Tenth Anniversary of the Indian Ocean Tsunami 2004.

2004 tsunami was deadliest recorded in history; hundreds of thousand were killed including more then 543 Swedish and many more separated from their families. I´ll never forget hearing the news of the tsunami that day as I was in Kenya visiting refugee camps.

Today of all days, we pause to remember those we lost and on this day of reflection Sweden hold national memorial service to mark the 10th anniversary of the Indian Ocean Tsunami and we mourn with our friends in Asia and Africa who were affected by this terrible disaster.

We recognize the millions of people who contributed to the recovery efforts. and we know that many regions are already suffering historic floods and rising sea levels. The tsunami was one of the worst we have ever seen, but it brought out the best in all of us. But it is incomprehensible that kind of storm or worse could become the norm.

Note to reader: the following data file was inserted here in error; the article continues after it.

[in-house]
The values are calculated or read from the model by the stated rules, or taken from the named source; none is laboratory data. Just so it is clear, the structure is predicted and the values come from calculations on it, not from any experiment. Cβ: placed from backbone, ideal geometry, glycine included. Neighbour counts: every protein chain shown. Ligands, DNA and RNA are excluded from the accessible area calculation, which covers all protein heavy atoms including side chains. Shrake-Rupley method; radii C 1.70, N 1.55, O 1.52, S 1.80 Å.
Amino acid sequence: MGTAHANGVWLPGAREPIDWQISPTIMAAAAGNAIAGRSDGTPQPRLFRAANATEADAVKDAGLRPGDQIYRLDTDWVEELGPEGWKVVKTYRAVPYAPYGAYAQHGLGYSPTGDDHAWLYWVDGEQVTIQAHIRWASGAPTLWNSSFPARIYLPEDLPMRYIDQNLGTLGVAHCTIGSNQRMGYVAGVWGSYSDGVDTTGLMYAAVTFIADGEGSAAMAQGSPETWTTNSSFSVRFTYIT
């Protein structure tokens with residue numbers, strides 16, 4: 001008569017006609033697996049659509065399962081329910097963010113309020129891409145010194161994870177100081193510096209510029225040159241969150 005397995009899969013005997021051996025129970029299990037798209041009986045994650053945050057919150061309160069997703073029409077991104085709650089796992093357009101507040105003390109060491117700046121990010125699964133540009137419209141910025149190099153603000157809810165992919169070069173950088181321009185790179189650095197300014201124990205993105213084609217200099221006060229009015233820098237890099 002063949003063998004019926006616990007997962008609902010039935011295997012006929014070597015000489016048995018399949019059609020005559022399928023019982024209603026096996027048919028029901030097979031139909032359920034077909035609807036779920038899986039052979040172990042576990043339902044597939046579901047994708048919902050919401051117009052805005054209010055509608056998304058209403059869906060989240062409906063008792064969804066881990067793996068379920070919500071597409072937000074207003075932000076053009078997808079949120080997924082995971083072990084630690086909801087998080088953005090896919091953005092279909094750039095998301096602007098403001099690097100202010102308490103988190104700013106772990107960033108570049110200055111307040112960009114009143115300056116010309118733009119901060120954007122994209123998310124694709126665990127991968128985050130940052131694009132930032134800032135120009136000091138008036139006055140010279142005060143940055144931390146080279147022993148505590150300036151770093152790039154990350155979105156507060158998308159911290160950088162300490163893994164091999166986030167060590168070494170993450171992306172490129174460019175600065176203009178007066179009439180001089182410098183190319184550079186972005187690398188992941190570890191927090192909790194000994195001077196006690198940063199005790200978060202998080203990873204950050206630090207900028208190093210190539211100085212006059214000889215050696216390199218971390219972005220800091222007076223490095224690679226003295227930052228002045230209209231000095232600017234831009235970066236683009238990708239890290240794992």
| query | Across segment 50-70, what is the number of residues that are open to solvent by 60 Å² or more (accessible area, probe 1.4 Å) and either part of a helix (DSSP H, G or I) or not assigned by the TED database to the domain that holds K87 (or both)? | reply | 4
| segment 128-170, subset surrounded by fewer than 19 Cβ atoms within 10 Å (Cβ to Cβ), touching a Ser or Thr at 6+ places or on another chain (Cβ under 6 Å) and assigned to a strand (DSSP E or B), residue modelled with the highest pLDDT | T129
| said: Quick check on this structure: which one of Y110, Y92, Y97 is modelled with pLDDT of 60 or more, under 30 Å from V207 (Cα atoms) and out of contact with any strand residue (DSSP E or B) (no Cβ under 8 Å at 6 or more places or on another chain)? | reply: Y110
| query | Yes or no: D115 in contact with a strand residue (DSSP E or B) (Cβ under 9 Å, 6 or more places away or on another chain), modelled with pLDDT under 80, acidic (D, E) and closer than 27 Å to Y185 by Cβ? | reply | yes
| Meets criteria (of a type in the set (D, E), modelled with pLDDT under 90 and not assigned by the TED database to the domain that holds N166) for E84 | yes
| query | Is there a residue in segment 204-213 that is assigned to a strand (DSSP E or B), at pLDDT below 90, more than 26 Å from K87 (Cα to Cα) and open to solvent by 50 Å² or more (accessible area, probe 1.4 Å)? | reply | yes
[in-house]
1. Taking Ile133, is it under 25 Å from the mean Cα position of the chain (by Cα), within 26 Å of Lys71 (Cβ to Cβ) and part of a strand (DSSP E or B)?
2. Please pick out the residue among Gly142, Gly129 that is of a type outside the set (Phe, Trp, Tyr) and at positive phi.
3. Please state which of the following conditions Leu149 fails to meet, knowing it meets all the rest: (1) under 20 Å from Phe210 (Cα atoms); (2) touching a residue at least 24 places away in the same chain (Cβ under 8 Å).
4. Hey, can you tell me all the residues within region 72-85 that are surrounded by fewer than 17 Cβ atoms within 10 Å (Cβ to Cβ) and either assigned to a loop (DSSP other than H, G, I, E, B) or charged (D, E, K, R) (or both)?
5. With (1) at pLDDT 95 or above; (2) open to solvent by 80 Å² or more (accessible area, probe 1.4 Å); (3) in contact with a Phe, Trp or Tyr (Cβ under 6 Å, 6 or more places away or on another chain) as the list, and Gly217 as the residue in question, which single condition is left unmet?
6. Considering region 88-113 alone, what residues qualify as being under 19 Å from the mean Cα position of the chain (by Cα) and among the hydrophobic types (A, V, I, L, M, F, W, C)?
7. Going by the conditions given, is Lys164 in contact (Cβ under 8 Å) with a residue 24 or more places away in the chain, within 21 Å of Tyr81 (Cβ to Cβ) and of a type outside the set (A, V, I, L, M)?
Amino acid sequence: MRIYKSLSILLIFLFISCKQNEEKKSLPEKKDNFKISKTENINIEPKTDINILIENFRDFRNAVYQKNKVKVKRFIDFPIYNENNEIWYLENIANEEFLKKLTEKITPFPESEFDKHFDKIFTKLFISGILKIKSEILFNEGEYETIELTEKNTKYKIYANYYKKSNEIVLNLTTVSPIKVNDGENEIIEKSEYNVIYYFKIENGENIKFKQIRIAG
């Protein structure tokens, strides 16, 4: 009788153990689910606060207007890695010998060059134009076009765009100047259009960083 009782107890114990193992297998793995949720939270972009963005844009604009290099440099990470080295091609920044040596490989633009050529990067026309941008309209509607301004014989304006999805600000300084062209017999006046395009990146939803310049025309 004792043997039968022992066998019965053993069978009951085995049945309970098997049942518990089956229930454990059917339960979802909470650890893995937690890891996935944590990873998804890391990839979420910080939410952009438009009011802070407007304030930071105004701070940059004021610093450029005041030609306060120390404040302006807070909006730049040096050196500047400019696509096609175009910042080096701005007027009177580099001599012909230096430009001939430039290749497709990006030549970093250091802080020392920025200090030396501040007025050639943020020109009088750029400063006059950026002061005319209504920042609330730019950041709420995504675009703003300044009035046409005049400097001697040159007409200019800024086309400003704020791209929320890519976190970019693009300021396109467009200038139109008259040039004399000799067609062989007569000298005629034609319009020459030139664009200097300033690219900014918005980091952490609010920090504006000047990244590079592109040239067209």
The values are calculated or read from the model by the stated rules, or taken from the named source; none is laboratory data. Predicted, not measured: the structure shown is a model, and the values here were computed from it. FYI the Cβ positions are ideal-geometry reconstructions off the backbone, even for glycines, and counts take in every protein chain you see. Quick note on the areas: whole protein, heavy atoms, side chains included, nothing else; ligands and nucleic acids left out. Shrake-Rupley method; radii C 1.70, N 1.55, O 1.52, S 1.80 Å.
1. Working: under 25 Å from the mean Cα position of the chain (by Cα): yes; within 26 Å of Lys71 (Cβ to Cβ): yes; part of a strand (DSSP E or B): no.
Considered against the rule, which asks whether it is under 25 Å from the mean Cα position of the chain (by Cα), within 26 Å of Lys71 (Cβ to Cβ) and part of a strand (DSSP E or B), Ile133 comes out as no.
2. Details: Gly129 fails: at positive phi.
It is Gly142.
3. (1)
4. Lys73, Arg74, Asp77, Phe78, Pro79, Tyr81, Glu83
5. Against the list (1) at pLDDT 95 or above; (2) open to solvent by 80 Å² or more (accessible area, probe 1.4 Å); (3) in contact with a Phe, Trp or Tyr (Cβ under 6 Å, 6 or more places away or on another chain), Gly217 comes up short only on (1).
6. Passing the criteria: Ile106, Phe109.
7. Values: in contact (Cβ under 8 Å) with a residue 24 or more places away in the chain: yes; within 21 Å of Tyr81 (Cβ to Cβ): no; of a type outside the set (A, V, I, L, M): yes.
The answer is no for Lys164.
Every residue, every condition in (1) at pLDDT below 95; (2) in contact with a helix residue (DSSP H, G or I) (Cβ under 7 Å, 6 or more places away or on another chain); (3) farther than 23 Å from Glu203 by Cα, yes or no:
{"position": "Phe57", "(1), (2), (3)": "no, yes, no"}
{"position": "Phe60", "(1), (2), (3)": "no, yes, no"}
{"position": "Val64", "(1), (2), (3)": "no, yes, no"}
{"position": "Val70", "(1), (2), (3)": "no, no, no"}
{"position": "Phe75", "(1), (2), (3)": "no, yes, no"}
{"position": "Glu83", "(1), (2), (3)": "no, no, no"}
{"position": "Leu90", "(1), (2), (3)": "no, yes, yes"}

Scientists have been saying for years that climate change could mean more frequent and disastrous storms, unless we stop and revers course. Decades of observation, monitoring, and analysis have demonstrated beyond reasonable doubt that: the Earth’s climate is changing at an unusual pace compared to natural changes in climate experienced in the past.

Knowing that, the time to act on climate change is now before its too late to heed the warning.Tackling climate change is not the sole responsibility of governments. It will only succeed in a true coalition of all stakeholders, business leaders, financial institutions and civil society

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